Judgment of Paris

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Sandro Botticelli : The Judgment of Paris , 1485–1488, tempera on canvas

The judgment of Paris is a famous episode in Greek mythology . The young man Paris has to judge which of three goddesses is the most beautiful: Aphrodite , Athena or Hera .

In Homer the subject is alluded to, in comedy and satire it is treated more broadly.

Greek mythology

The judgment of Paris on an Attic black-figure hydria by the Antimenes painter , around 510 BC. Chr., State Collections of Antiquities, Munich

All gods are invited to the wedding of Peleus and Thetis , with the exception of Eris , the "goddess of discord ". So offended, she throws a golden apple from the door with the inscription καλλίστῃ ( Greek , for example "The most beautiful", "For the most beautiful") under the celebrating gods of the Greek Olympus . Thereupon there is a dispute between Aphrodite, Athene and Hera, who deserves this apple (hence also apple of contention / Erisapfel).

Zeus as the highest Olympian pulls out of the affair and places the judgment in the hands of a mortal: He appoints the innocent youth Paris , the beautiful, albeit outcast, son of the Trojan king Priam and Hecabe as arbitrator. Hermes , the messenger of the gods , is commissioned to bring the goddesses to the king's son, who has been living as a shepherd without being recognized since he was rejected.

In order to win the prince over, each of the goddesses tries to bribe him and offers him a price. Hera promises him rule over the world, Athena promises wisdom, Aphrodite, on the other hand, offers Paris the love of the most beautiful woman in the world. With this reward, Aphrodite can decide the verdict for herself.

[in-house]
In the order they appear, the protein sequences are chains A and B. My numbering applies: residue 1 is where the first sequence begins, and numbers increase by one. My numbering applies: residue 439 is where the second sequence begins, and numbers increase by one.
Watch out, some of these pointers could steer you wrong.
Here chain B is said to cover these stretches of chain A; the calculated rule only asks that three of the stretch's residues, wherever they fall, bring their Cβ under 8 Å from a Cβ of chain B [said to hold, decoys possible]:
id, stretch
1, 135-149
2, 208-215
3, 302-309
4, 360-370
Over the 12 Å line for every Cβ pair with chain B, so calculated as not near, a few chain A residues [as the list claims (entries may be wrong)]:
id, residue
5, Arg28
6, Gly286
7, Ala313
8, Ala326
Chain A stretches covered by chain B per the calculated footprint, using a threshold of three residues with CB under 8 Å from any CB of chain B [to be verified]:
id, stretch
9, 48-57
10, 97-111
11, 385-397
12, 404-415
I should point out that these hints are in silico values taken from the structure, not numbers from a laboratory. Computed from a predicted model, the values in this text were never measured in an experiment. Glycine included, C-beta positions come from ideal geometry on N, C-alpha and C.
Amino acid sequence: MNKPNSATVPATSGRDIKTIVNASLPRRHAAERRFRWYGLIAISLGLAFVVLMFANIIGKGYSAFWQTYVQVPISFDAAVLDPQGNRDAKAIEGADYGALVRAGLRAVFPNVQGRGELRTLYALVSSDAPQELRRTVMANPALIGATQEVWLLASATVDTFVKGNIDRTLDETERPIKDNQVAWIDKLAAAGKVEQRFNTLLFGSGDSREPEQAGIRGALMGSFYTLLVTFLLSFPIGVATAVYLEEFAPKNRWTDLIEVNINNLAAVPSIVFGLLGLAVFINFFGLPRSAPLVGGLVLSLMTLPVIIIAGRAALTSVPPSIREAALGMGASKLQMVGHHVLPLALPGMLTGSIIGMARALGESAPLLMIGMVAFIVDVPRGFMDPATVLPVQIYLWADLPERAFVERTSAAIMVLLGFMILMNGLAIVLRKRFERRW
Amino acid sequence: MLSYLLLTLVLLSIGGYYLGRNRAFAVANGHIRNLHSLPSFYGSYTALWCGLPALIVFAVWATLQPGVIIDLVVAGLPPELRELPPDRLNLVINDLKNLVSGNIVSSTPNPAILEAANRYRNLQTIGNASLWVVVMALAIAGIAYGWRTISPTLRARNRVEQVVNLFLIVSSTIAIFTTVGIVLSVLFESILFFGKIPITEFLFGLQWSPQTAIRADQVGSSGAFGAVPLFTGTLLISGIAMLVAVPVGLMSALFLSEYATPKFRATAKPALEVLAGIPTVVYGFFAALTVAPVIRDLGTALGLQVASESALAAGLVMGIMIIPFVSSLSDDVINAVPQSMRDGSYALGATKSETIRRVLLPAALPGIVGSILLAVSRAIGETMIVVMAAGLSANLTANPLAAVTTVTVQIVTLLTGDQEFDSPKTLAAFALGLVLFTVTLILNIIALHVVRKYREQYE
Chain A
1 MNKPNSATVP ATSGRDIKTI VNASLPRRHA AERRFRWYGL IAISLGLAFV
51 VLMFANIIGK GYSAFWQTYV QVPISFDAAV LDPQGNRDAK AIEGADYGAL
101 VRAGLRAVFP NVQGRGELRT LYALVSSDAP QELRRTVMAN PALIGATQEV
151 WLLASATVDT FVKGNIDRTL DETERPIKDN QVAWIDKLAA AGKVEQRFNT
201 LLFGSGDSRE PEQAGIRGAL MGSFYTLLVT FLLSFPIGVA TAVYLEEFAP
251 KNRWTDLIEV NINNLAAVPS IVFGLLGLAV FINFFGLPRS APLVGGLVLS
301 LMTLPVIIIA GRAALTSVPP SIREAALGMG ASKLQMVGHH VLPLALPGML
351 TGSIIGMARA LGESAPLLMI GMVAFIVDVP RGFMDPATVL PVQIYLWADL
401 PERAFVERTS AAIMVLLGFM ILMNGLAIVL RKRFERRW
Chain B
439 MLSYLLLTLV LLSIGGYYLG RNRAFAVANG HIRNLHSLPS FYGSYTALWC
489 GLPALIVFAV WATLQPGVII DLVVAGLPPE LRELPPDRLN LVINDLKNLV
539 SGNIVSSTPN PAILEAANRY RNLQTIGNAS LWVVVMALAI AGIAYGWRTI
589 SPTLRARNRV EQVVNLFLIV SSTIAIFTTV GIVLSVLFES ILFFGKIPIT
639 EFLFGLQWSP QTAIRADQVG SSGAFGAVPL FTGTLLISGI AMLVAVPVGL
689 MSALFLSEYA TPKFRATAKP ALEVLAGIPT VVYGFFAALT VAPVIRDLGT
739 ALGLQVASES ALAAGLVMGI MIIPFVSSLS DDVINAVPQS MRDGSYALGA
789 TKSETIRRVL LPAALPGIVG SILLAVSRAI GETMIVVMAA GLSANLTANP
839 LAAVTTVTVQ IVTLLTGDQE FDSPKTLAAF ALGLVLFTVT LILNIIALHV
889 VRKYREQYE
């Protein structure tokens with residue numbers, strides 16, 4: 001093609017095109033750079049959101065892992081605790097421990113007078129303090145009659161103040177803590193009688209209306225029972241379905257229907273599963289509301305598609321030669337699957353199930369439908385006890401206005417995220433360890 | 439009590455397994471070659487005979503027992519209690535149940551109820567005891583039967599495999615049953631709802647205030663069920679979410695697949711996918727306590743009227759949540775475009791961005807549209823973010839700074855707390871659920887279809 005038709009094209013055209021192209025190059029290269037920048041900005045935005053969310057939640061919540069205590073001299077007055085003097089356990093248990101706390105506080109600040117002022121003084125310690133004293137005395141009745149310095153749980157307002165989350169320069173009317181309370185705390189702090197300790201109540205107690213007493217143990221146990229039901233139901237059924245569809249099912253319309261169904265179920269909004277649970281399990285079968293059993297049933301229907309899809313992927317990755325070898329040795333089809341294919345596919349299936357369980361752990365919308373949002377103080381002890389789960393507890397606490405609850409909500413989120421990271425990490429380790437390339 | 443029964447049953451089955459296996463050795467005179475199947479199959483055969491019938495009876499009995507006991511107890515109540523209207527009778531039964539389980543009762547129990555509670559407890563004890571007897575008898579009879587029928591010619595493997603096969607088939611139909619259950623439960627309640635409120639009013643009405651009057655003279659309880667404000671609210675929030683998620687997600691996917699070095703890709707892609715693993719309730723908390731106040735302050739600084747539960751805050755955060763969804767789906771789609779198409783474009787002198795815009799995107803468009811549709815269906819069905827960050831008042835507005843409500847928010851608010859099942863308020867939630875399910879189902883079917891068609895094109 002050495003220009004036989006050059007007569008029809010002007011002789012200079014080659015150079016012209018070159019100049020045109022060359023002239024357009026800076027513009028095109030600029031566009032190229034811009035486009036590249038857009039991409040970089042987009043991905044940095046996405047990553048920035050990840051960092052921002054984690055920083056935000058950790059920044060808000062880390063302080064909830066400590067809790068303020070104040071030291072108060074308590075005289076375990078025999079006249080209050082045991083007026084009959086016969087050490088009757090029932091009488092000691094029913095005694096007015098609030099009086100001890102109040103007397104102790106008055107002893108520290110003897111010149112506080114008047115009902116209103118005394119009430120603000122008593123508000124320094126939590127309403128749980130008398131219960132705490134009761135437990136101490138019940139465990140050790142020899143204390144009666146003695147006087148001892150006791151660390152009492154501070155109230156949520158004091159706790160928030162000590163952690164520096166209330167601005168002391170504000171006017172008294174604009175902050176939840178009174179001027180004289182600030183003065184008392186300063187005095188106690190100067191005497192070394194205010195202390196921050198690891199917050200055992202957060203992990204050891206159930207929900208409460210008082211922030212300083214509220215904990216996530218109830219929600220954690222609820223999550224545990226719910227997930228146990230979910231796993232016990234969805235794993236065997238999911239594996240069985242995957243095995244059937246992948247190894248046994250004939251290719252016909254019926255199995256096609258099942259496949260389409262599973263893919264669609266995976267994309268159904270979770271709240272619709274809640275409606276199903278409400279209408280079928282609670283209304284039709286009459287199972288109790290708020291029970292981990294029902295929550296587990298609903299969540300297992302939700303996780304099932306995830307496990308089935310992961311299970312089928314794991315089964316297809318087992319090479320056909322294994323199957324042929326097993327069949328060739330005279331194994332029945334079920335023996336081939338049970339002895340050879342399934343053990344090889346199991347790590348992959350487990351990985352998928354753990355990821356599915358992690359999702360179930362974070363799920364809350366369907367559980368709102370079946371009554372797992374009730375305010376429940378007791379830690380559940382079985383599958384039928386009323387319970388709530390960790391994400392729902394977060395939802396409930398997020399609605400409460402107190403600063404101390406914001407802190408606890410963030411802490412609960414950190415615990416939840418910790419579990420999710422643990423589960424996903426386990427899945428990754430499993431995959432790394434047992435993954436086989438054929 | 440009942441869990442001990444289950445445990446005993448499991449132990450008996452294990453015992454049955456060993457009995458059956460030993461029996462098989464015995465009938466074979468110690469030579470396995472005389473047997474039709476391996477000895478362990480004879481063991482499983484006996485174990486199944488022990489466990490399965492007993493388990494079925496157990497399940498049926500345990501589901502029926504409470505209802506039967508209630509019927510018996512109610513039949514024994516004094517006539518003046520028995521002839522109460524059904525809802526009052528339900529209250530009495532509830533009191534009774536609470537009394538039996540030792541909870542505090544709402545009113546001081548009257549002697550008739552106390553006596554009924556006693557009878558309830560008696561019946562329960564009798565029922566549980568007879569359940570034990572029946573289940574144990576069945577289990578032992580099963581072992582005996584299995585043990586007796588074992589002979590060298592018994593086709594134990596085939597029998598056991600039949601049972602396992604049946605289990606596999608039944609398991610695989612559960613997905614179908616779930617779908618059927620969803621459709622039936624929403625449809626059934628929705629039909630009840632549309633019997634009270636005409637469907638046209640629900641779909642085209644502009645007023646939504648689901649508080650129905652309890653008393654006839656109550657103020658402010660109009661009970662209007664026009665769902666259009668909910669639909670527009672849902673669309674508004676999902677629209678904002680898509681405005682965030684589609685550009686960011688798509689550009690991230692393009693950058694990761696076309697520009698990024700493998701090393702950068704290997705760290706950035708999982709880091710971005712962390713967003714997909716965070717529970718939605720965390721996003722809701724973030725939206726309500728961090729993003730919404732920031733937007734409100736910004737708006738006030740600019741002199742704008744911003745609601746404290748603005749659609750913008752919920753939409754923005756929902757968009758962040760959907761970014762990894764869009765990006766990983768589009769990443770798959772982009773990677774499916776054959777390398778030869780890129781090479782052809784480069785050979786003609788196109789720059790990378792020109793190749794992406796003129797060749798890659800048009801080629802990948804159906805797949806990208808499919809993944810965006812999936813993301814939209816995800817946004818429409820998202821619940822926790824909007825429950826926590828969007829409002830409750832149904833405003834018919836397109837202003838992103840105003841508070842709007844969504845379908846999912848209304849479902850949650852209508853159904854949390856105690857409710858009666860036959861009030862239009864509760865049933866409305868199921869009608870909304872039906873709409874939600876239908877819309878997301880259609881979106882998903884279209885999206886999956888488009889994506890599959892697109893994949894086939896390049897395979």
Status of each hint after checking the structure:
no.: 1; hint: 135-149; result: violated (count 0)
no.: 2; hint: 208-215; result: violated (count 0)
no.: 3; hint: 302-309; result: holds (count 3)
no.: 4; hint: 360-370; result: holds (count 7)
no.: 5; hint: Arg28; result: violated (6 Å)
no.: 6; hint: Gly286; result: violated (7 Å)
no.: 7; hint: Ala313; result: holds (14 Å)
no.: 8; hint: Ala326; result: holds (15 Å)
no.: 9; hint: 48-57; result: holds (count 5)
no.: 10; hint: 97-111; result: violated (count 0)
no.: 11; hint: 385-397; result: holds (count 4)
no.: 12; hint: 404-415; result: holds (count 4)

However, the most beautiful mortal, Helena , was already married to Menelaus , the mighty king of Sparta . The robbery of Helena , necessary to fulfill the divine promise, is said to have triggered the Trojan War .

The Paris judgment in art

The judgment of Paris on Etruscan wall panels from the 6th century BC From left to right: Elcsantre (Paris Alexandros); Tower ( Hermes ); Menrva (Athene); Uni (Hera); Turan (Aphrodite).

The judgment of Paris was already a frequently depicted theme in Greek vase painting . This subject can also be found among the Etruscans on bronze mirrors and in painting. In post-antique times and in a historical context in which the representation of nudity was frowned upon, the subject remained popular for paintings and sculptures. Finally, it offered the opportunity to depict three naked women in different poses, while the mythological and moral background of the scene saved the painters from being accused of profanity. The painters could look for the tension of the picture in the different phases of the preparation and, like Peter Paul Rubens, place it in the relational looks of the judgment. With Paul Cézanne the verdict has been reached, one goddess is losing her face, the other is already turning away.

The judgment of Paris, mosaic in Kos town
Peter Paul Rubens : The Judgment of Paris , around 1636, National Gallery (London)
Marcantonio Raimondi : The judgment of Paris , around 1515/16, copper engraving after a lost picture by Raphael
Paul Cézanne : The Judgment of Paris , 1862–1864. (After the judgment)
Enrique Simonet : The Judgment of Paris , around 1904, Museo de Málaga

Well-known examples are:

The plot was also reflected in literature and theater, for example in a Nuremberg carnival game from the 15th century.


Web links

Commons : Judgment of Paris  - Collection of images, videos and audio files

Individual evidence

  1. Homer, Iliad 24: 28-30
  2. Cratinus , Dionysalexandros
  3. ZB Lukian , Götterdialoge 20
  4. Apollodorus Epitome E.3.2
  5. Ovid , Heroides 16: 65-72
  6. Pausanias, 5.19.5.
  7. Euripides , Trojans 924-931
  8. ^ Hyginus , Fabulae 92
  9. Martin R. Dean : The moment - kept open forever . In: NZZ , November 15, 2014, p. 28
  10. Stefan O. Schüller: The Western excavations .
  11. ^ Raffael and Marcanton - a congenial team ( memento from December 25, 2004 in the Internet Archive ) Art History Institute of the Ruhr University Bochum
  12. Sculptures and sculptures in downtown Chemnitz. Retrieved August 23, 2018 .
  13. Ku'damm Eck in the Charlottenburg-Wilmersdorf district
  14. ^ The Paris judgment. In: Author's Lexicon . 2nd Edition. Volume 7, Col. 312-314.